If you like history and stories, this way of explaining math makes a lot more sense–it’s basically a history of mathematics with a lot of explanation of the math itself woven through it. I wish I could get it authorized as a textbook, but they’d tell me it doesn’t align with state standards.

  69. I don’t know if you ever check your old comments, so this might be falling on deaf ears (blind eyes?), but a lot of your points remind me of another favorite author of mine, Orson Scott Card.

    I love reading his articles as well, though it would be nice if he would stop liking socialized medicine and gun control. Oh well, nobody’s perfect.

    • I see all the comments, and beign compared to O.S.C? I’ll take it. Thanks. :)

      • Gotta admit, your writing is a little angrier than his, though. ;-)

        I just started MHI a couple of days ago, but I’m already a huge fan. Dangerous book though. REALLY fueling my desire for a 1911…

      • I guessing LBC hasn’t gotten to the Enchanted Forrest and the Elves yet because then yo will really know how dangerous MHI is. Of course when you read Vendetta and get to the Dwarves…

  70. Can’t say I agree. I loved Hawthorne and I still do. maybe not “Scarlett letter” as much as some of the other stuff. But its still pretty good. i remember trying to guess who the father of Pearl was. Its a great book. The point of High School English is not to encourage people to read, so they can but your books. Its to get them to understand literature. Besides, plenty of people would hate your books as much as you hate Shakespeare. No one has the same tastes anyhow. My mom likes autobiographies. I like drama, my dad likes the types of books you hate( ones with secondary meaning). Nothing is fun for everyone.

    • If someone had tried to make me read S Holmes in school I probably would have quit. I remember my mom reading ” The Scarlett band” to my sister and me when I was a kid. It featured a snake that could hear a whistle( HOW??? Snakes have no ears! They feel vibrations, and are otherwise deaf.) The snake also could somehow climb a rope(maybe it grew legs.) and drank milk. It also featured a stupid lady who, after being bitten by a snake decided to mutter some ass shit about “the speckled band” instead of simply yelling “SNAKE”. I still hate Doyle to this day. And don’t even get me started on Jules Verne. Silly boys stuff. The schools also contain girls. They don’t much like guns or stupid psuedo science devises. So how will you find a book to please even most kids? At least with the classics, you have works of unquestionable quality. It may not be fun, exactly, but it makes you think and feel.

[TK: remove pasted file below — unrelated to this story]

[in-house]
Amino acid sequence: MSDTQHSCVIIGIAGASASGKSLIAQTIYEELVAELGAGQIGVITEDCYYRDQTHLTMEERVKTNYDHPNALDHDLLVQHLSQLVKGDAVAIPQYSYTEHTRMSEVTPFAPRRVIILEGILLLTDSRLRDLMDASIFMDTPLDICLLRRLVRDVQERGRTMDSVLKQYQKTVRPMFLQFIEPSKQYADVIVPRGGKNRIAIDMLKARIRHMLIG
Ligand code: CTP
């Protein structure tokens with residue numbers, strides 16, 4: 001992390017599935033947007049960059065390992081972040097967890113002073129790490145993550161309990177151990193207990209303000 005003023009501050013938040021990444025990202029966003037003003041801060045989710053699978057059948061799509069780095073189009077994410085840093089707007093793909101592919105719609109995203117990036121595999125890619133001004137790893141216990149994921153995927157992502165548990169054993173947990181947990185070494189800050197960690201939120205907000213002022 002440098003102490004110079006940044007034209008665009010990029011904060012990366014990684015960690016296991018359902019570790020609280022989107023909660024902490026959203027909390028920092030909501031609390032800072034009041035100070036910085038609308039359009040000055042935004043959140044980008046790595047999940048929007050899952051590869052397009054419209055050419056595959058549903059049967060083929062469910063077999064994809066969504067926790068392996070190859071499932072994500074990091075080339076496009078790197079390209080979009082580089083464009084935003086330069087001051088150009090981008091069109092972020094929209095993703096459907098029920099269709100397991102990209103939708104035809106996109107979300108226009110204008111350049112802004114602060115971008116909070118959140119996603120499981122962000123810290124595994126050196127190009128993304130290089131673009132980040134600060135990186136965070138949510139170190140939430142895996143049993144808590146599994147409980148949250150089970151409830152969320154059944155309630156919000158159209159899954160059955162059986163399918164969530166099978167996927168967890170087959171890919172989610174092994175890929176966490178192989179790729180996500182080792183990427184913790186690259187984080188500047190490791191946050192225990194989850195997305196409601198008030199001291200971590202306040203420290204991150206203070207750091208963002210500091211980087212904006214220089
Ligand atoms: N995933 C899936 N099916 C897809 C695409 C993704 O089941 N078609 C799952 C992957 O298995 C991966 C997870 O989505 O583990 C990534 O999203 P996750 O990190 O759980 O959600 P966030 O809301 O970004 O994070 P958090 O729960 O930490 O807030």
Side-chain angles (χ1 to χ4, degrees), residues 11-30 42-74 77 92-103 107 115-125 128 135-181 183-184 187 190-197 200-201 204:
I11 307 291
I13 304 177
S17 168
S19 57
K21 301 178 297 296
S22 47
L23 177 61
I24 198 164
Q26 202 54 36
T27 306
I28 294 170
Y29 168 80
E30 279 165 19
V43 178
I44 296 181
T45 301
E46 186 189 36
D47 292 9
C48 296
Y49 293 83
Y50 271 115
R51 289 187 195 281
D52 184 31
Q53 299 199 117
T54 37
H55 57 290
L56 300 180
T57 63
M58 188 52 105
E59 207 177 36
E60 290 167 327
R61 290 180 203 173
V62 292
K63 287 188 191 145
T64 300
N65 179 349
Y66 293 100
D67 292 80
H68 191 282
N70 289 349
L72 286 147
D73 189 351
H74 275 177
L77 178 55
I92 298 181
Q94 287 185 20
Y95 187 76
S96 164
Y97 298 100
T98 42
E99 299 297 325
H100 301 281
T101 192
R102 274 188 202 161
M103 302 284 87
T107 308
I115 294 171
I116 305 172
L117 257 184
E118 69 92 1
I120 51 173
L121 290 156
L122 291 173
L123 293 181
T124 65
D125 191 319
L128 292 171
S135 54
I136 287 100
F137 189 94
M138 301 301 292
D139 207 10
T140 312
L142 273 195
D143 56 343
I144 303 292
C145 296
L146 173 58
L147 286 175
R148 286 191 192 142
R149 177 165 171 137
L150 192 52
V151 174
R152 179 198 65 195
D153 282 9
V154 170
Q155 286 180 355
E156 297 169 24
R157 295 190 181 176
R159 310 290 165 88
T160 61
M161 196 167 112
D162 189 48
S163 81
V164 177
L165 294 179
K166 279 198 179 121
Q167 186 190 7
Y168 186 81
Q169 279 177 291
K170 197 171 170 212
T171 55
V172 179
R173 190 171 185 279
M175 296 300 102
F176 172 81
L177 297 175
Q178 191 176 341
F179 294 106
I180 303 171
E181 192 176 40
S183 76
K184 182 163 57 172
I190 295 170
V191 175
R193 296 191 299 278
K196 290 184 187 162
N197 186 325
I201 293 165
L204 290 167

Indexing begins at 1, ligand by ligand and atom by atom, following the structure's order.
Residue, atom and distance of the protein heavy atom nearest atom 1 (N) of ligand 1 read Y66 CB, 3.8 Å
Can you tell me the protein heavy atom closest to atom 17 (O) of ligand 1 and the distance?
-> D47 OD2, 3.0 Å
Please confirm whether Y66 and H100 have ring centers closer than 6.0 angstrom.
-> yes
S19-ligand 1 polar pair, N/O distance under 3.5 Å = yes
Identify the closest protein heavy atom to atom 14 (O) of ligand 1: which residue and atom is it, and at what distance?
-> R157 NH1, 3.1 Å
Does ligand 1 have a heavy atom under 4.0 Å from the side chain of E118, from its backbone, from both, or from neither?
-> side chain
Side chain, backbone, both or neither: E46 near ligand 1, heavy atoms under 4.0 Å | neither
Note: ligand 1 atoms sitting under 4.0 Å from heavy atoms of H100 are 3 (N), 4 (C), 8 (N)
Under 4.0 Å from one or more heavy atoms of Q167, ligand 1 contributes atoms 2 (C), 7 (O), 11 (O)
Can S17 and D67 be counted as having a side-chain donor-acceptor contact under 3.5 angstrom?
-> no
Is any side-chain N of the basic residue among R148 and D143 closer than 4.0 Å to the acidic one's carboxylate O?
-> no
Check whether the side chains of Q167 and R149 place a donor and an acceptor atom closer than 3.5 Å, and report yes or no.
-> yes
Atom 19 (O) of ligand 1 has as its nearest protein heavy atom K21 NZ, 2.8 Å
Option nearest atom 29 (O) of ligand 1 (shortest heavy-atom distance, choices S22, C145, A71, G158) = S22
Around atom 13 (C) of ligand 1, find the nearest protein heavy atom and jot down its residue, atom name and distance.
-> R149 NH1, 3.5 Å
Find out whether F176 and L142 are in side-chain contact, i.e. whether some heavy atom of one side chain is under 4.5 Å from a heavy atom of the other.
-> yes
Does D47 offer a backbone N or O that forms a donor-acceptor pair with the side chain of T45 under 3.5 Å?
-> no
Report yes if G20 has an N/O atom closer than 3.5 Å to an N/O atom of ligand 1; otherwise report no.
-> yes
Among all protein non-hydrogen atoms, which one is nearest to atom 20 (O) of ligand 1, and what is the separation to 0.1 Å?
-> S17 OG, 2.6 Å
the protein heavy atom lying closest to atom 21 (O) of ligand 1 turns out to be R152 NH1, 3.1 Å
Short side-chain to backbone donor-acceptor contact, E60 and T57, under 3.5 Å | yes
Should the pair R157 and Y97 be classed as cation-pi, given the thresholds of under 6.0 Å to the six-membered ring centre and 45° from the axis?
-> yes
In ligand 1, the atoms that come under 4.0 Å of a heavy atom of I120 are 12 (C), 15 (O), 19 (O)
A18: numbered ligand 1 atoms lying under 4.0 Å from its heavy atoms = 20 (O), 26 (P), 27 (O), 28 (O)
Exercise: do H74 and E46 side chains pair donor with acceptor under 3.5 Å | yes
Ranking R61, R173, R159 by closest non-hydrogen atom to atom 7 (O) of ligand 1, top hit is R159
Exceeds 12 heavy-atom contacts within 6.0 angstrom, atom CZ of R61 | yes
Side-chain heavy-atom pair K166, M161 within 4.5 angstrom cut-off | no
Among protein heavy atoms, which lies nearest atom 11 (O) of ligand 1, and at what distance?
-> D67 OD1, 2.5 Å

• Classics are just books. Dickens and Hemingway wrote for the royalty check. Austen did it for the money too. Hate to break it to you.

        Classics make you “think and feel” more than other works because some English professor somewhere said that they do. If you are incapable of thinking or feeling harder, whatever the hell that is supposed to mean, on a modern work, then I’d say that shows some distinct issues on your part.

        And the girl v. boy thing that you’ve brought up twice now… Doesn’t that go along with what I said in the original article? Instead of forcing so-called classics down kid’s throats, shouldn’t we encourage them to read things that they will enjoy, that will spark a love of reading in them, instead of crushing it?

      • “The schools also contain girls. They don’t much like guns or stupid psuedo science devises.”
        As a girl, I find that a stereotype a bit offensive. I love Larry’s books, as well as other combat sci-fi stuff, and know many other girls who do as well and are tired of being seen as some kind of oddity. And I can honestly say these books make me think and feel, too. Awesome, unique characters. Difficult situations and decisions. Sci-fi or not, there is a sense of genuineness and purpose.
        And heck, I’m sure with all the cataclysmic stuff he’s throwing in the stories, at least one polar bear will die eventually.

      • My daughters favorite book is Ender’s Game. Obviously, I’ve stunted her emotional development in some way for her to be reading such things in Middle School where a boy might see.

    • High school English makes kids NOT WANT TO READ. If “understanding literature” makes a great big chunk of kids HATE BOOKS, how in the hell can you justify that as a good thing? Kind of like how awkward, horrible P.E. classes make kids hate exercise. Go school!

      Yeah, I do this for a living. Which means that part of my job is to go out and talk to people about books a lot more than most people. And I’ve heard hundreds and hundreds of times, some variation of “I don’t like to read.” “I don’t like books.” and it almost always goes back to them getting bludgeoned by stuffy “classics”. If that is the goal of English teachers, then good work. These people understand literature. And now they hate it.

      Nothing is fun for everyone? Bull. Defeatist bull shit right there. English instruction is failing badly, so lets justify it with “different strokes for different folks”.